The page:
Boomer Blog: Extraordinary moments with ordinary people


By Shirley Scott



A former colleague, a glass-half-full kind of guy, commented recently that his several flight delays had afforded him major people-watching time. His upbeat statement reminded me of the grand time I always had in airports and train stations, with or without students, simply observing my fellow human beings.

To me, one of the best parts of traveling is meeting all kinds of people. Yes, I have written about random encounters with “famous” people, long-lost friends, and friends of friends. But there have also been lots of “just plain folks” whose passing acquaintances were memorable enough to file away for recollection another day.

Here and abroad, I sincerely appreciate individuals who serve the public with professional care and cheerful demeanor. Such were any number of bus drivers, train conductors, bank tellers, and store clerks I met along the way.

There was also a specific set of people I remember even today with fondness and gratitude: the staff at a hotel in Munich, Germany, where my students and I often stayed. After an overnight transatlantic flight across several time zones, a shuttle trip into the city, and a luggage-laden group trudge along busy sidewalks, it meant everything to step to the reception desk of the Hotel Amba and hear: “Miss Scott, you have arrived!”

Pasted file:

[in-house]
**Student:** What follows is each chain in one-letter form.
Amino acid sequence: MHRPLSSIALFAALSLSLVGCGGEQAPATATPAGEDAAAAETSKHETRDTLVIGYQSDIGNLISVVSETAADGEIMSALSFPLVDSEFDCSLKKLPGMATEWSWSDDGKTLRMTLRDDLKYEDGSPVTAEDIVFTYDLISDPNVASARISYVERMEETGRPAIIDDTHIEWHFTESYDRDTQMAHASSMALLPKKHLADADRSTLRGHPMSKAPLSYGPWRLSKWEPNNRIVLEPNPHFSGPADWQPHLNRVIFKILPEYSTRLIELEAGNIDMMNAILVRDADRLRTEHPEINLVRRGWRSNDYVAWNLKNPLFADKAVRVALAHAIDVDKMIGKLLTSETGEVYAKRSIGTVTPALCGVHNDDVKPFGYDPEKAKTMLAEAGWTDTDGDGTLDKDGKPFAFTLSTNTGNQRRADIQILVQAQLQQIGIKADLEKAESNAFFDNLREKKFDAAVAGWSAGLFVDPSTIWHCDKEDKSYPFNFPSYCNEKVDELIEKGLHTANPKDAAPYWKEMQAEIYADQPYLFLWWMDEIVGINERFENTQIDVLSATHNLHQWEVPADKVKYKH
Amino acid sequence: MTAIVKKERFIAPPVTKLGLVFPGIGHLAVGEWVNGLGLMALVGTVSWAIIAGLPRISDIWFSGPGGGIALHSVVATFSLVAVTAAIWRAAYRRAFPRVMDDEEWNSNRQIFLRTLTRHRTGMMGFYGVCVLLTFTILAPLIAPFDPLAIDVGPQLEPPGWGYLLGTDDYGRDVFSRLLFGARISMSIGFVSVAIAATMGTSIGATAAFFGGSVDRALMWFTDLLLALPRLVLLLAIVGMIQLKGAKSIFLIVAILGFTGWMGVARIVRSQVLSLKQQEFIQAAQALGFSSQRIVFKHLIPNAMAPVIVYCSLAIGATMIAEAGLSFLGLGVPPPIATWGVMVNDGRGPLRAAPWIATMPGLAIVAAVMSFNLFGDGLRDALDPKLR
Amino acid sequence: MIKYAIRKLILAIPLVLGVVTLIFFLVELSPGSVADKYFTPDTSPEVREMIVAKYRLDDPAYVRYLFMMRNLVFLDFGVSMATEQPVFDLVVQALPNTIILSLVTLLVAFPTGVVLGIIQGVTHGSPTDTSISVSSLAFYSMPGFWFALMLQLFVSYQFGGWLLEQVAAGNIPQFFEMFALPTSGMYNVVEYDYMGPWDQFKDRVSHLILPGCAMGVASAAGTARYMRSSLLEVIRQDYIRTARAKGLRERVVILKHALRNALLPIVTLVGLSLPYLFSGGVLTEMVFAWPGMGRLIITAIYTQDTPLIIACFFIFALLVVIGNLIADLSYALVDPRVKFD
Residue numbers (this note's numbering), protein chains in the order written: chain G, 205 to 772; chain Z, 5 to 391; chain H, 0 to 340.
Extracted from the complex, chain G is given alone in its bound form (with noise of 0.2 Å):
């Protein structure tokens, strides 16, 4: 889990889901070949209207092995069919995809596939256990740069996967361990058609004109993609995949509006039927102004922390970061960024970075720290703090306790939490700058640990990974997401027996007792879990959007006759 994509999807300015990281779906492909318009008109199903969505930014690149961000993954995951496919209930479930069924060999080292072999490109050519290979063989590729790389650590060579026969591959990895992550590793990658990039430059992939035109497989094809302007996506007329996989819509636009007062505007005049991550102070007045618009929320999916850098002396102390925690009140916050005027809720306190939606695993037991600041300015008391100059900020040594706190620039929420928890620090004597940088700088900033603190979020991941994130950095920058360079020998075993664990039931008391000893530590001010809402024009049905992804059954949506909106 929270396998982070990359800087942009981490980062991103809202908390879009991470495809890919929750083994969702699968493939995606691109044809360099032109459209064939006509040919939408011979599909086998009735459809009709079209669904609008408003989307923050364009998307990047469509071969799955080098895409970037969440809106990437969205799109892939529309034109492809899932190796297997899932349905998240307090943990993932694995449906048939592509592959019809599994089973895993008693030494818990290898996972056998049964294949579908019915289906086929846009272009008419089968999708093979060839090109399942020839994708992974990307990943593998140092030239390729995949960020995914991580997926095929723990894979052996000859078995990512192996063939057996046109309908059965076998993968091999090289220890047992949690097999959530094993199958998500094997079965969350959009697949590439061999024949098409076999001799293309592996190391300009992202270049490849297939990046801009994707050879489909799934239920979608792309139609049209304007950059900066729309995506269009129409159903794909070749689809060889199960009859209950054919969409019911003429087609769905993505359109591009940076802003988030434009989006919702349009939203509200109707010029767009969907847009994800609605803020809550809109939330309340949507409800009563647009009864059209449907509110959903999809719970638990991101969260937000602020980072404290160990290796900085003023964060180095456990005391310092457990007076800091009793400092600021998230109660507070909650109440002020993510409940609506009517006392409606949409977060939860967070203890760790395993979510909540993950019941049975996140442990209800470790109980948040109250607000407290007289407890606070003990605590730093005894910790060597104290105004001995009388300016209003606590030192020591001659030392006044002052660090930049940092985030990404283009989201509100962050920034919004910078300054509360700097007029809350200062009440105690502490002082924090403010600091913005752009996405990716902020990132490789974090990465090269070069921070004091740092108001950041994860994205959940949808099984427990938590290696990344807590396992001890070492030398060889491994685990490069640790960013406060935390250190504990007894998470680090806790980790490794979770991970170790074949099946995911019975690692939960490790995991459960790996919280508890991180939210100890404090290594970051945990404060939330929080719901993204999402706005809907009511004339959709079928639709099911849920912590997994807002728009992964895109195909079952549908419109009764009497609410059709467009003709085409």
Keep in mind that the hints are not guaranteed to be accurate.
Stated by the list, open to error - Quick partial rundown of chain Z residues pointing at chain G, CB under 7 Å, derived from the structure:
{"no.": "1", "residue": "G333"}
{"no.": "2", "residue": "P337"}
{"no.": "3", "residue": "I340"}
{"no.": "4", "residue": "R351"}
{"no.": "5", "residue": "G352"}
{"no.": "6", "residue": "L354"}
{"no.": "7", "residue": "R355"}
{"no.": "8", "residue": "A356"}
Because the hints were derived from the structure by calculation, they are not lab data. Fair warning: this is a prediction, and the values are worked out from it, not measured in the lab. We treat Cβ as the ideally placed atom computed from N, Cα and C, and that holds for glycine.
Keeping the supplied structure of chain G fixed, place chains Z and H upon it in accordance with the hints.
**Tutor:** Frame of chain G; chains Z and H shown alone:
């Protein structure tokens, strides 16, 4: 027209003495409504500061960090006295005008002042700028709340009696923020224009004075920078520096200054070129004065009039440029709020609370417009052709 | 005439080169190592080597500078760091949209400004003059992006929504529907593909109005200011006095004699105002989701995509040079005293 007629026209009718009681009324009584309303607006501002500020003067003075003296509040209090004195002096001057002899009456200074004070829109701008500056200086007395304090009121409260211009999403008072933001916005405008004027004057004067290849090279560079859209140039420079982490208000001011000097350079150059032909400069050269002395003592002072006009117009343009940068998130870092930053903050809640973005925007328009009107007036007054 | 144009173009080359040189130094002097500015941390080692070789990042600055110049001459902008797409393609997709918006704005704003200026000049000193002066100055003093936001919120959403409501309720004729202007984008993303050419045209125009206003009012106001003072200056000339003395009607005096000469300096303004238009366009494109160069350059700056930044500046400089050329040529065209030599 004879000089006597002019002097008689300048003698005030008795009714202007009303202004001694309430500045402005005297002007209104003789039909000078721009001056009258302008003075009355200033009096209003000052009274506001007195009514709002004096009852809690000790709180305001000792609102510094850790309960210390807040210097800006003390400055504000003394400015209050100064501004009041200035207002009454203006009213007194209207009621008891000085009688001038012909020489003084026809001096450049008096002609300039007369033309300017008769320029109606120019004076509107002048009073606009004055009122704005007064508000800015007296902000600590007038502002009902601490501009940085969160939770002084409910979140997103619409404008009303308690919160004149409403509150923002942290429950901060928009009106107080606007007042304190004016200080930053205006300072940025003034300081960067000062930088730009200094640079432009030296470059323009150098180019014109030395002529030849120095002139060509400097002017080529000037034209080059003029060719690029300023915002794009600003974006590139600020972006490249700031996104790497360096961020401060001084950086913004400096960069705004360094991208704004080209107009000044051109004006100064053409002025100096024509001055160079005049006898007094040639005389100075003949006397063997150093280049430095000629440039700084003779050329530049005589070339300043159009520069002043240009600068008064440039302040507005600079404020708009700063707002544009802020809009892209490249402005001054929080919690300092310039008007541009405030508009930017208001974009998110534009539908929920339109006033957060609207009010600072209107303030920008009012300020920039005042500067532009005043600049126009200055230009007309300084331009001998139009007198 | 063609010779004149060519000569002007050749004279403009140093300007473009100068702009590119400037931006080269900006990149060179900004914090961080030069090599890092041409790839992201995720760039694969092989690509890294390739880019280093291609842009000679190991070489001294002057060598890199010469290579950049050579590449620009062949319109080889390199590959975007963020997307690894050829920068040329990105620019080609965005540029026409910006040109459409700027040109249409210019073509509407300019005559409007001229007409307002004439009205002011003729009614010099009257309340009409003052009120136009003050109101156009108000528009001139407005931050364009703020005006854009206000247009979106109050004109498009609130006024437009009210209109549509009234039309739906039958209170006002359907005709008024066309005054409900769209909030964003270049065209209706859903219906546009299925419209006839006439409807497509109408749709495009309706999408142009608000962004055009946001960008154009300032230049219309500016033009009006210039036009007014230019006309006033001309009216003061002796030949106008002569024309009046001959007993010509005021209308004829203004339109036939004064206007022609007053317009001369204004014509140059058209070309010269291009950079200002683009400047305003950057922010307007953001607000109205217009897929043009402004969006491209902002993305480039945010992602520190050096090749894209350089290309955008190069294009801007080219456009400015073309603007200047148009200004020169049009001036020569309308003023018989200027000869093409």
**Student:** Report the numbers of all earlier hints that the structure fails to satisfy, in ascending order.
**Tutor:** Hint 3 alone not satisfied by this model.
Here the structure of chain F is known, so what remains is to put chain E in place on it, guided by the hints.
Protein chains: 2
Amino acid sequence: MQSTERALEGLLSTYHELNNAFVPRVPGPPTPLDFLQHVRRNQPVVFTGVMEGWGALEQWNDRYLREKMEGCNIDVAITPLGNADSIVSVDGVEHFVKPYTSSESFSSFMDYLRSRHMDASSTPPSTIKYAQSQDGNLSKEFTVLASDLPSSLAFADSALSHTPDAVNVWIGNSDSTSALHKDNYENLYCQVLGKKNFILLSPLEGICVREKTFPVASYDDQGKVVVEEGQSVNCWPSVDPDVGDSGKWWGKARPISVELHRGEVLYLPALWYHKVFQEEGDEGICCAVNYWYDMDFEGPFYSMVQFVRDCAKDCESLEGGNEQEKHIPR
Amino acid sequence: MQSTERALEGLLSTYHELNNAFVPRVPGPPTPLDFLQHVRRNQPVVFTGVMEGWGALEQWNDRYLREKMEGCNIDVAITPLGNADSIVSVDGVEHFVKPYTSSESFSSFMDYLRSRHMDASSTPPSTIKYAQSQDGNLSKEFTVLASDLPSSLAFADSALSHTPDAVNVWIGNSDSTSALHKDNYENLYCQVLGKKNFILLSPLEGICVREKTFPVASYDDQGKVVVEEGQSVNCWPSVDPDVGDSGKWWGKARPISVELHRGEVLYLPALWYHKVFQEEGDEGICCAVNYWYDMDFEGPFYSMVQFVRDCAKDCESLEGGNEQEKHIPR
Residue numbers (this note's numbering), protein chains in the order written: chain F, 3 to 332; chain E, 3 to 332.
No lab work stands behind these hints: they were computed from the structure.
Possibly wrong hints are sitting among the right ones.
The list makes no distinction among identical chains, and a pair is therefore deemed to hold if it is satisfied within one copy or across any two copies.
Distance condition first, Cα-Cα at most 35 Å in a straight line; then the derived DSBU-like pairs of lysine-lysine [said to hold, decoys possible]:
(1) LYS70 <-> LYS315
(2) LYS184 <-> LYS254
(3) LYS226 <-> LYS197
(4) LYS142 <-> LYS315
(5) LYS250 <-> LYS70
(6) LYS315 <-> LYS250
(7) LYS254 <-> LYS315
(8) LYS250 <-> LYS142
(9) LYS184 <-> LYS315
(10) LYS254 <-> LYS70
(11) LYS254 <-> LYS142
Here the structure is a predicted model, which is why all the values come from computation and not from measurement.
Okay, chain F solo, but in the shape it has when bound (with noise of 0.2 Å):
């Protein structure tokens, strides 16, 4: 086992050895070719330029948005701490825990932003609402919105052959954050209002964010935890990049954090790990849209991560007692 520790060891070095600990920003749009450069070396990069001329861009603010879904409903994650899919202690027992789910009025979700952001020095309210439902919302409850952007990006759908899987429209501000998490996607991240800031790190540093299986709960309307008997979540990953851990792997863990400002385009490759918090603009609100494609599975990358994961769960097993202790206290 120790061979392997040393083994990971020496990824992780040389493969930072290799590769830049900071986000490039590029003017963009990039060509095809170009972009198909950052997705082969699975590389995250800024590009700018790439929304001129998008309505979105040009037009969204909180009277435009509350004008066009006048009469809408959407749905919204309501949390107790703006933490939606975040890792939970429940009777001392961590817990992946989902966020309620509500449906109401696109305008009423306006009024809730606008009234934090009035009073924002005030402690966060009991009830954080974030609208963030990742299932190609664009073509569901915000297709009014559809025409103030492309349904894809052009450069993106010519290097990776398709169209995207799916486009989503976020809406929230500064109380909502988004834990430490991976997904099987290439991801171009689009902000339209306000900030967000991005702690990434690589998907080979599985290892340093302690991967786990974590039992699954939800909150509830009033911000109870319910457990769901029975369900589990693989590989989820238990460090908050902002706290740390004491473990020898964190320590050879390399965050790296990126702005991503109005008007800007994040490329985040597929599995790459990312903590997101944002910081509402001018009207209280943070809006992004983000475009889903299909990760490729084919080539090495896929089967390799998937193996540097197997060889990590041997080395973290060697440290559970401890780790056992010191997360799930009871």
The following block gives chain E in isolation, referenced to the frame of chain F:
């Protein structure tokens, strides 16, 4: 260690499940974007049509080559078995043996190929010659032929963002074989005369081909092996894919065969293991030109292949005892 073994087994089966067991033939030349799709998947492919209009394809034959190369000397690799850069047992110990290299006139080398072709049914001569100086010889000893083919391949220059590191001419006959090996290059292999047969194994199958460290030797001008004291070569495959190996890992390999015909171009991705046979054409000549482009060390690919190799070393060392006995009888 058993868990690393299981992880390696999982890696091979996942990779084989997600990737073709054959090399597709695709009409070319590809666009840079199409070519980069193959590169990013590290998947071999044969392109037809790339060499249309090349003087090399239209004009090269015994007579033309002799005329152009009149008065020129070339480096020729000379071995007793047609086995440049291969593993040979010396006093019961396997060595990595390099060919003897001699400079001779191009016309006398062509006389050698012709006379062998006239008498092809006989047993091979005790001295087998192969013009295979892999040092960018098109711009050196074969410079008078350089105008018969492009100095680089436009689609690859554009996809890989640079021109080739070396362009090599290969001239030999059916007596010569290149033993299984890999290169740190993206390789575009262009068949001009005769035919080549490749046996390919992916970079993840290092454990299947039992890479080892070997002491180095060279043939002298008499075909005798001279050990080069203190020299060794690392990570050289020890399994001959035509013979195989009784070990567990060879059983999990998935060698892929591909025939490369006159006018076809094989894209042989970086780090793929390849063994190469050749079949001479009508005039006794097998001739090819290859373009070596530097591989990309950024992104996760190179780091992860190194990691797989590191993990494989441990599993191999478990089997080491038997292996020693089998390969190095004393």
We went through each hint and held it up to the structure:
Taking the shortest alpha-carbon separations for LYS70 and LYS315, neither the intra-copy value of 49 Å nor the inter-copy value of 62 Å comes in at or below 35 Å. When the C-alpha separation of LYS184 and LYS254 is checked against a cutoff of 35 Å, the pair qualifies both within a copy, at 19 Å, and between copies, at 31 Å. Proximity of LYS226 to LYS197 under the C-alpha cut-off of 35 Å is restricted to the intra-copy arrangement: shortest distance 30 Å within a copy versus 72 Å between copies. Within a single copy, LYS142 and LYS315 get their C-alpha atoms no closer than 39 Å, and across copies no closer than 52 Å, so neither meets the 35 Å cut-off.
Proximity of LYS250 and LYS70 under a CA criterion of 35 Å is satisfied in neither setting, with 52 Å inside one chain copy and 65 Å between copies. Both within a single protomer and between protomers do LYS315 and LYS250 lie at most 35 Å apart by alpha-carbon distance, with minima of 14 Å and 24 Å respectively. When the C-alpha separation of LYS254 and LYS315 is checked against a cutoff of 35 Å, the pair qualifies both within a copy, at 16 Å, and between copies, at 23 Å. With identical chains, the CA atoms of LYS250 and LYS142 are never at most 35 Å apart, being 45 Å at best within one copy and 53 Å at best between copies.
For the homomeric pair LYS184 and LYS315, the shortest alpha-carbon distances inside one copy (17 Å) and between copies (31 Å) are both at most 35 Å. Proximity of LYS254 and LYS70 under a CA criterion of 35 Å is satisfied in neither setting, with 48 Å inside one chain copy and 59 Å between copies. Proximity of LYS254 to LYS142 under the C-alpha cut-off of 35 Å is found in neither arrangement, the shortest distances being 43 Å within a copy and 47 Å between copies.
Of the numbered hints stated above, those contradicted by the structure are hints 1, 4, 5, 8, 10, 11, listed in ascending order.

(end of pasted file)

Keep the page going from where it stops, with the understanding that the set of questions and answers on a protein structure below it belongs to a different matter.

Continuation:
The ladies in the breakfast room of that hotel were also very accommodating. They spoke no English and little German, but their smiling faces and kind help every morning – year after year – made the first meal of the day special.

Even longer ago I recall two or three grandmotherly ladies who assisted this very green college girl during her first-ever streetcar trip. In the southern city of Stuttgart I managed to become irrevocably lost – what with my shaky German skills, skewed sense of direction, and miniscule experience on public transportation.

The women explained, gestured, headed me in the right direction, and even complimented me on my wonderful German language skills, although I knew I had butchered the entire grammatical structure. Such lovely ladies!

Then there were the U.S. soldiers we ran into in a McDonald’s somewhere. Back then, German broadcasts of American daytime and primetime soap operas were a year behind those at home. The curious GI’s, hungry for news from the home front, grilled us about The Guiding Light, General Hospital, and who shot J.R. Ewing on Dallas. What fun we had obliging their requests!

Our annual crossing through Checkpoint Charlie, to visit the communist section of Berlin on the east side of the Wall, led to other kinds of interactions. An East Berlin passport inspector once pressed me into service when he realized I was speaking German to him and English to my students. There we were – the communist guard and the American teacher working together to explain procedural regulations to a confused British couple.